Anglage is a French term that means “chamfering” in English. That’s a term you’re probably more acquainted with. Regrettably, that still does not adequately describe what it is. What do the authors mean when they say a watch’s movement has “chamfered bridges” or “fine instances of anglage” in their reviews?

It’s actually a watchmaking method for making sharp right angles (where the flat top surfaces meet the perpendicular sides of components) seem more visually attractive. It serves no other purpose except to provide visual stimulation. These “corners” are filed down and beveled to a consistent angle, generally 45 degrees, across the whole edge.

While this may appear to be a simple task in principle, the chamfered edges must be uniform in angle and quality. The part’s form is enhanced by the polished chamfer. With tremendous power, however, comes great responsibility. When done by hand, anglage is not a technique that can be hurried. One tiny blunder or error may devastate an entire composition, rendering it useless.

That means hours of effort are wasted, and work on the replacement portion must restart from the beginning. As a result, anglage is one of the most delicate finishing techniques. Despite this, it is one of the most popular movements found in high-end watches.

Brands can eliminate most of the “by hand” stage thanks to improvements in contemporary machining and technology. They will never be able to completely eliminate the human touch. On a far bigger scale, modern machines can generate the initial bevels on numerous components during milling. This allows watchmakers from different manufacturers to concentrate on the finer points of finishing and polishing.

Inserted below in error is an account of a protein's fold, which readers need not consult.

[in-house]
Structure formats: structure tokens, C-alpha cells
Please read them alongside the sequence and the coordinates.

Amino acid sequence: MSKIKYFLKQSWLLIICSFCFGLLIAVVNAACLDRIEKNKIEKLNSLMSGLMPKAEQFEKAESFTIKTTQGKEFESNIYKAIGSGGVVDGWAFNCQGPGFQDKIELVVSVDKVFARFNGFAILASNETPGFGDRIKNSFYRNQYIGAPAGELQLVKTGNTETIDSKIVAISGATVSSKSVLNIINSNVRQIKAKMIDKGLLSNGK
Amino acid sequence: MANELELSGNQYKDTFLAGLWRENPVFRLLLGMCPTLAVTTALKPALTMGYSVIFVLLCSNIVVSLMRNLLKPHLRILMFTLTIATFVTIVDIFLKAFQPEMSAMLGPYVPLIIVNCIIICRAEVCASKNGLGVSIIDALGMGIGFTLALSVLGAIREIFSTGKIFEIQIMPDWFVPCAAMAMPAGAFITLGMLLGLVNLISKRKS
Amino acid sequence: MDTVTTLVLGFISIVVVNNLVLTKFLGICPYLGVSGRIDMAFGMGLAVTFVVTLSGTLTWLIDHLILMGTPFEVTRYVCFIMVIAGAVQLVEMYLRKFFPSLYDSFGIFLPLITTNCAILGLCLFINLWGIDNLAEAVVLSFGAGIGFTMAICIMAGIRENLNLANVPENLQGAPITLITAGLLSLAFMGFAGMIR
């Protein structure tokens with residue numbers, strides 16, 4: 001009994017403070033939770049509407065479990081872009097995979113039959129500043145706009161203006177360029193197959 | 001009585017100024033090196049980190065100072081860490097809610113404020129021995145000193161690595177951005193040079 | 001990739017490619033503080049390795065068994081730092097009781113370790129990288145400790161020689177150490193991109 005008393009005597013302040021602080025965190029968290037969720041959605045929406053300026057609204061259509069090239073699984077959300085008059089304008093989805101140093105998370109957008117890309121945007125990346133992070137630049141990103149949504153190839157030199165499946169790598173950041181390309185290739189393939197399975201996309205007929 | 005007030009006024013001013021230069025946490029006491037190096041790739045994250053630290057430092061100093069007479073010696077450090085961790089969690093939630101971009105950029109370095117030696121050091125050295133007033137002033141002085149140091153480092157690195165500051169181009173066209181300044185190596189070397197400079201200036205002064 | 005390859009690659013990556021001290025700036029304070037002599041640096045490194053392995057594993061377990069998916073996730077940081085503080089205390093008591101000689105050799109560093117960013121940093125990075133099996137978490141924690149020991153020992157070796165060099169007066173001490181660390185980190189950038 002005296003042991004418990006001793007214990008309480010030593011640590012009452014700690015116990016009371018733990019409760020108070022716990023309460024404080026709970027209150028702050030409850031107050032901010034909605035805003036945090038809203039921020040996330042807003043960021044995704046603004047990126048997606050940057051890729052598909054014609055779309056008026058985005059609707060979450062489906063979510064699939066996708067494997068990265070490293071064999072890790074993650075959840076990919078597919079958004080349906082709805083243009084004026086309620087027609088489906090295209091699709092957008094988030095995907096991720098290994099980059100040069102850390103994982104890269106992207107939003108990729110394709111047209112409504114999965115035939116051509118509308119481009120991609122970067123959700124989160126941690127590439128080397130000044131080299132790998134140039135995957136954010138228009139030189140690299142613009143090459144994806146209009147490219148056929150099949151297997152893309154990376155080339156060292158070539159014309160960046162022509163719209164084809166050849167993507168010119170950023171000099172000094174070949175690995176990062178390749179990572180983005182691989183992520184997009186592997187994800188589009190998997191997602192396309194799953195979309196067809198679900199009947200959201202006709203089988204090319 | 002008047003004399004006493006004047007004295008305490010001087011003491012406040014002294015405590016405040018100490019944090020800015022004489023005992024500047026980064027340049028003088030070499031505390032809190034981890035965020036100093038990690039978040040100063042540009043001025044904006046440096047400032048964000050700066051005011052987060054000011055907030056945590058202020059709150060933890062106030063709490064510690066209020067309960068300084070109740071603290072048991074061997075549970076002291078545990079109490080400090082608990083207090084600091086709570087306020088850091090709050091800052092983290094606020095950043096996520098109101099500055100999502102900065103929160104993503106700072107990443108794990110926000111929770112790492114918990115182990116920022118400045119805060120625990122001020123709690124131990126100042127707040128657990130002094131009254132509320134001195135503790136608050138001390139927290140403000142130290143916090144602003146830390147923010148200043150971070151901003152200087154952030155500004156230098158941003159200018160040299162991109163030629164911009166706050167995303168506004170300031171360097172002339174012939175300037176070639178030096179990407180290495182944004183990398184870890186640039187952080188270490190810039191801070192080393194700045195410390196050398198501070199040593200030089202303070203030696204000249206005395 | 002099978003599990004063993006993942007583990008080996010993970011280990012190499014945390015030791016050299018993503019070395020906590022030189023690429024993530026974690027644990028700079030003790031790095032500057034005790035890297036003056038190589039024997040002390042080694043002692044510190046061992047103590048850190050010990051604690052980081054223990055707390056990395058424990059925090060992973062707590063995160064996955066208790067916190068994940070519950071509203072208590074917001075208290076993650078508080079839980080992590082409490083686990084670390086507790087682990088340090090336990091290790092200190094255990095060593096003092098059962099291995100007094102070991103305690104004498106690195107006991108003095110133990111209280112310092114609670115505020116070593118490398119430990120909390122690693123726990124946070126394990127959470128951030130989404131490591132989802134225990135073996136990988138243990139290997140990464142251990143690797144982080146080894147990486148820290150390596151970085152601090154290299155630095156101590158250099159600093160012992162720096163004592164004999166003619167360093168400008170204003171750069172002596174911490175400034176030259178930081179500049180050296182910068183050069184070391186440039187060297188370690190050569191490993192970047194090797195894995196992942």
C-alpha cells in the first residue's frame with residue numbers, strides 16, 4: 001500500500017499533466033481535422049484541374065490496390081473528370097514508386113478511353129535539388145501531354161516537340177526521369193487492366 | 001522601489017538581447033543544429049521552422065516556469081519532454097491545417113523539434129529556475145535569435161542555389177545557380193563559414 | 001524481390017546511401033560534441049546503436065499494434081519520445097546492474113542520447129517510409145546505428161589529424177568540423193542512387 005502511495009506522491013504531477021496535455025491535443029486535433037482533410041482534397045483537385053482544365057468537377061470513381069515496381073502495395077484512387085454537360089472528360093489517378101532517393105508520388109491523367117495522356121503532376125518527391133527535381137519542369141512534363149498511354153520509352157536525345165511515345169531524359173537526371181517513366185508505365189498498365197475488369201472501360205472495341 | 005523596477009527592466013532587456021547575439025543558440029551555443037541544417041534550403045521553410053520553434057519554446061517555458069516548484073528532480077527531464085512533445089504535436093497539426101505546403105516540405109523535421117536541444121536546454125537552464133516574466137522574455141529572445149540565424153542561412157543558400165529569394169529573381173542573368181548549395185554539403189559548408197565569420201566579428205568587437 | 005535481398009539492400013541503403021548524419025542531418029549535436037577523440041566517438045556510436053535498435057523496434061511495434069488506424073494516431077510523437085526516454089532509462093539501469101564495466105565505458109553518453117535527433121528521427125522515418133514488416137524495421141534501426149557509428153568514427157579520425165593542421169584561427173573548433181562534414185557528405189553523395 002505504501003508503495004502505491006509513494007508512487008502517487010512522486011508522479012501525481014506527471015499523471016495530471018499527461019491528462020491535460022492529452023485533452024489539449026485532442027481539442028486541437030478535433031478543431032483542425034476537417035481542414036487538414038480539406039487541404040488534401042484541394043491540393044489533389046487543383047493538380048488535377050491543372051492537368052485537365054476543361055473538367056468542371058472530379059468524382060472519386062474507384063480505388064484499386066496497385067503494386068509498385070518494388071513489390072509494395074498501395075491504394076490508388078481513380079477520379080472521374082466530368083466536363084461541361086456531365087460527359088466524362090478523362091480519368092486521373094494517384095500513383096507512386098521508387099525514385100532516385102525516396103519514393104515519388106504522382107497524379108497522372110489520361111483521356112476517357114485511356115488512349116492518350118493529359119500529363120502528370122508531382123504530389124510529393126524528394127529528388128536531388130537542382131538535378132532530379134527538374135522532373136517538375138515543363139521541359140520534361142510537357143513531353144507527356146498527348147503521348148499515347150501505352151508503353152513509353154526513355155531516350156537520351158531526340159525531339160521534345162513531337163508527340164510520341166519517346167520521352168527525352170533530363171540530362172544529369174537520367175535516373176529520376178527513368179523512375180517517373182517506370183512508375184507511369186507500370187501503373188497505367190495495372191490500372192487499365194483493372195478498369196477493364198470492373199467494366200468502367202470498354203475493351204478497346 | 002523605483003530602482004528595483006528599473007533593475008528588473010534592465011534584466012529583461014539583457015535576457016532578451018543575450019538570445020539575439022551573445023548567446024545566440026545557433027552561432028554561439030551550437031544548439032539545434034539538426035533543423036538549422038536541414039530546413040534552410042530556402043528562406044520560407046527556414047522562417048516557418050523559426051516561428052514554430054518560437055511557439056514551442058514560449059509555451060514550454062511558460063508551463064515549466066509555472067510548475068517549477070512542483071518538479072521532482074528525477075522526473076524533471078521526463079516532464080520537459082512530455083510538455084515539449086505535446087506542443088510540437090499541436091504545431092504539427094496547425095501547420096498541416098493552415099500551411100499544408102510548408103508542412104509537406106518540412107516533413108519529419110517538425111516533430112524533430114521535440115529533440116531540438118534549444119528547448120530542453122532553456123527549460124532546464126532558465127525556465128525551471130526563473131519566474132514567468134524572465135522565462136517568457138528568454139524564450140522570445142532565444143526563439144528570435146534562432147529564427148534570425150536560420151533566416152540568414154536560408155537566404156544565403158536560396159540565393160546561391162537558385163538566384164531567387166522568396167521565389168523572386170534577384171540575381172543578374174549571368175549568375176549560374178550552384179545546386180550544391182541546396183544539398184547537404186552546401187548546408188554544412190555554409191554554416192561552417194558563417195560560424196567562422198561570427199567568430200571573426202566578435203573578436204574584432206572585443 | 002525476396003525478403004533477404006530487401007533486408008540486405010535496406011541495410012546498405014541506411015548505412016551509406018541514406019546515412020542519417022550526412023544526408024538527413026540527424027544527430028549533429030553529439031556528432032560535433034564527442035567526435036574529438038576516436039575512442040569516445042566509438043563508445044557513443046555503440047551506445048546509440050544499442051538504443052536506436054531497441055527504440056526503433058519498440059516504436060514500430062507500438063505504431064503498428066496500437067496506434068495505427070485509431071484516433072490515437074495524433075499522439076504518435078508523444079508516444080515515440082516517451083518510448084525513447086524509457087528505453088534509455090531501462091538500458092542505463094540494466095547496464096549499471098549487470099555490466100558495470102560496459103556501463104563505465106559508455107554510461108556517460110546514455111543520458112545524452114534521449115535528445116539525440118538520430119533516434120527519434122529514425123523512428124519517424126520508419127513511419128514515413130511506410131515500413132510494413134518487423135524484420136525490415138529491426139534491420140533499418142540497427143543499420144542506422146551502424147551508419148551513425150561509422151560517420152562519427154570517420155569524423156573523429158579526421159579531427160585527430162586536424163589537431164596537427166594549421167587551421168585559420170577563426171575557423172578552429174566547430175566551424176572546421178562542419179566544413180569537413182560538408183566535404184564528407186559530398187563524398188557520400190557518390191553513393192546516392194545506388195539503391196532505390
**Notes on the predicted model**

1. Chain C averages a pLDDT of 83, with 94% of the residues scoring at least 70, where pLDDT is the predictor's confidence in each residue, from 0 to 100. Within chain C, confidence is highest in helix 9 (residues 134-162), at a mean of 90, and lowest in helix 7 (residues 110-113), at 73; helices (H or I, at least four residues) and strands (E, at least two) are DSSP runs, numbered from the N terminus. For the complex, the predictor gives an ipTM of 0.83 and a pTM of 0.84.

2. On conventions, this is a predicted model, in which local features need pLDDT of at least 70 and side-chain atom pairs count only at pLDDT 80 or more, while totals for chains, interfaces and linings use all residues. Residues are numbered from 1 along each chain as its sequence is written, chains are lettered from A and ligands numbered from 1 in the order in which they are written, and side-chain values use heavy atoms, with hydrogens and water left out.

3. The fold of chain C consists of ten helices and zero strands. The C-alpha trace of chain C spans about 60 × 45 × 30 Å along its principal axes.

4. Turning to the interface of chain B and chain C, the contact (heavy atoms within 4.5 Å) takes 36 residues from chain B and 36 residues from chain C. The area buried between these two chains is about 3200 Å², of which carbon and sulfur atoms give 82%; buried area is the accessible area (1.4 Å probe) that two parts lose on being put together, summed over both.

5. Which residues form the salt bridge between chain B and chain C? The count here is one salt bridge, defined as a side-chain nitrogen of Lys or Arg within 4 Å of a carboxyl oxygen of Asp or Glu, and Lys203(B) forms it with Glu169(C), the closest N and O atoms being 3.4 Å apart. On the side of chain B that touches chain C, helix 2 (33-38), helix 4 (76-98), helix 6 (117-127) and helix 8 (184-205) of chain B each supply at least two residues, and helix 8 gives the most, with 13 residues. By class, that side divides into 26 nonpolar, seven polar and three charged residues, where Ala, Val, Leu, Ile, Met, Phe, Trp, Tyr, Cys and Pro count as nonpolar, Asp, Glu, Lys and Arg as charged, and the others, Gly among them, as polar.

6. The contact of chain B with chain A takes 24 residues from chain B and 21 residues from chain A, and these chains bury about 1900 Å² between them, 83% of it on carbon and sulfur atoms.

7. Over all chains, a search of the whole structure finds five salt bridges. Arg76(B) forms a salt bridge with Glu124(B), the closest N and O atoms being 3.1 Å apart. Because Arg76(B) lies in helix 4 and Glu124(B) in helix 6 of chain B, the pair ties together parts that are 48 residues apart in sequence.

When doing anglage by hand, conventional equipment such as metal files or wood pegs with abrasive diamond pastes are used. Diamond pastes are used by watchmakers to provide a faultless polish and excellent gloss. They employ finer and finer grades of paste in succession, much like sandpaper, to create a mirror-like shine. Anglage is a time-consuming and precise process that needs a high level of dexterity and expertise.

As previously stated, existing machining processes make it difficult to completely eliminate the human touch from the Anglage process. Machines, for example, cannot finish the interior cut-outs on skeletonized pieces as well as a watchmaker. They unmistakably demand a hand finish. However, with continuing improvements in contemporary technology and production, who’s to say we won’t be in the same position in 50 years?

While I don’t believe hand-finishing will ever be completely obsolete (particularly in Haute Horlogerie), it will be interesting to observe how much more companies rely on machines in the future.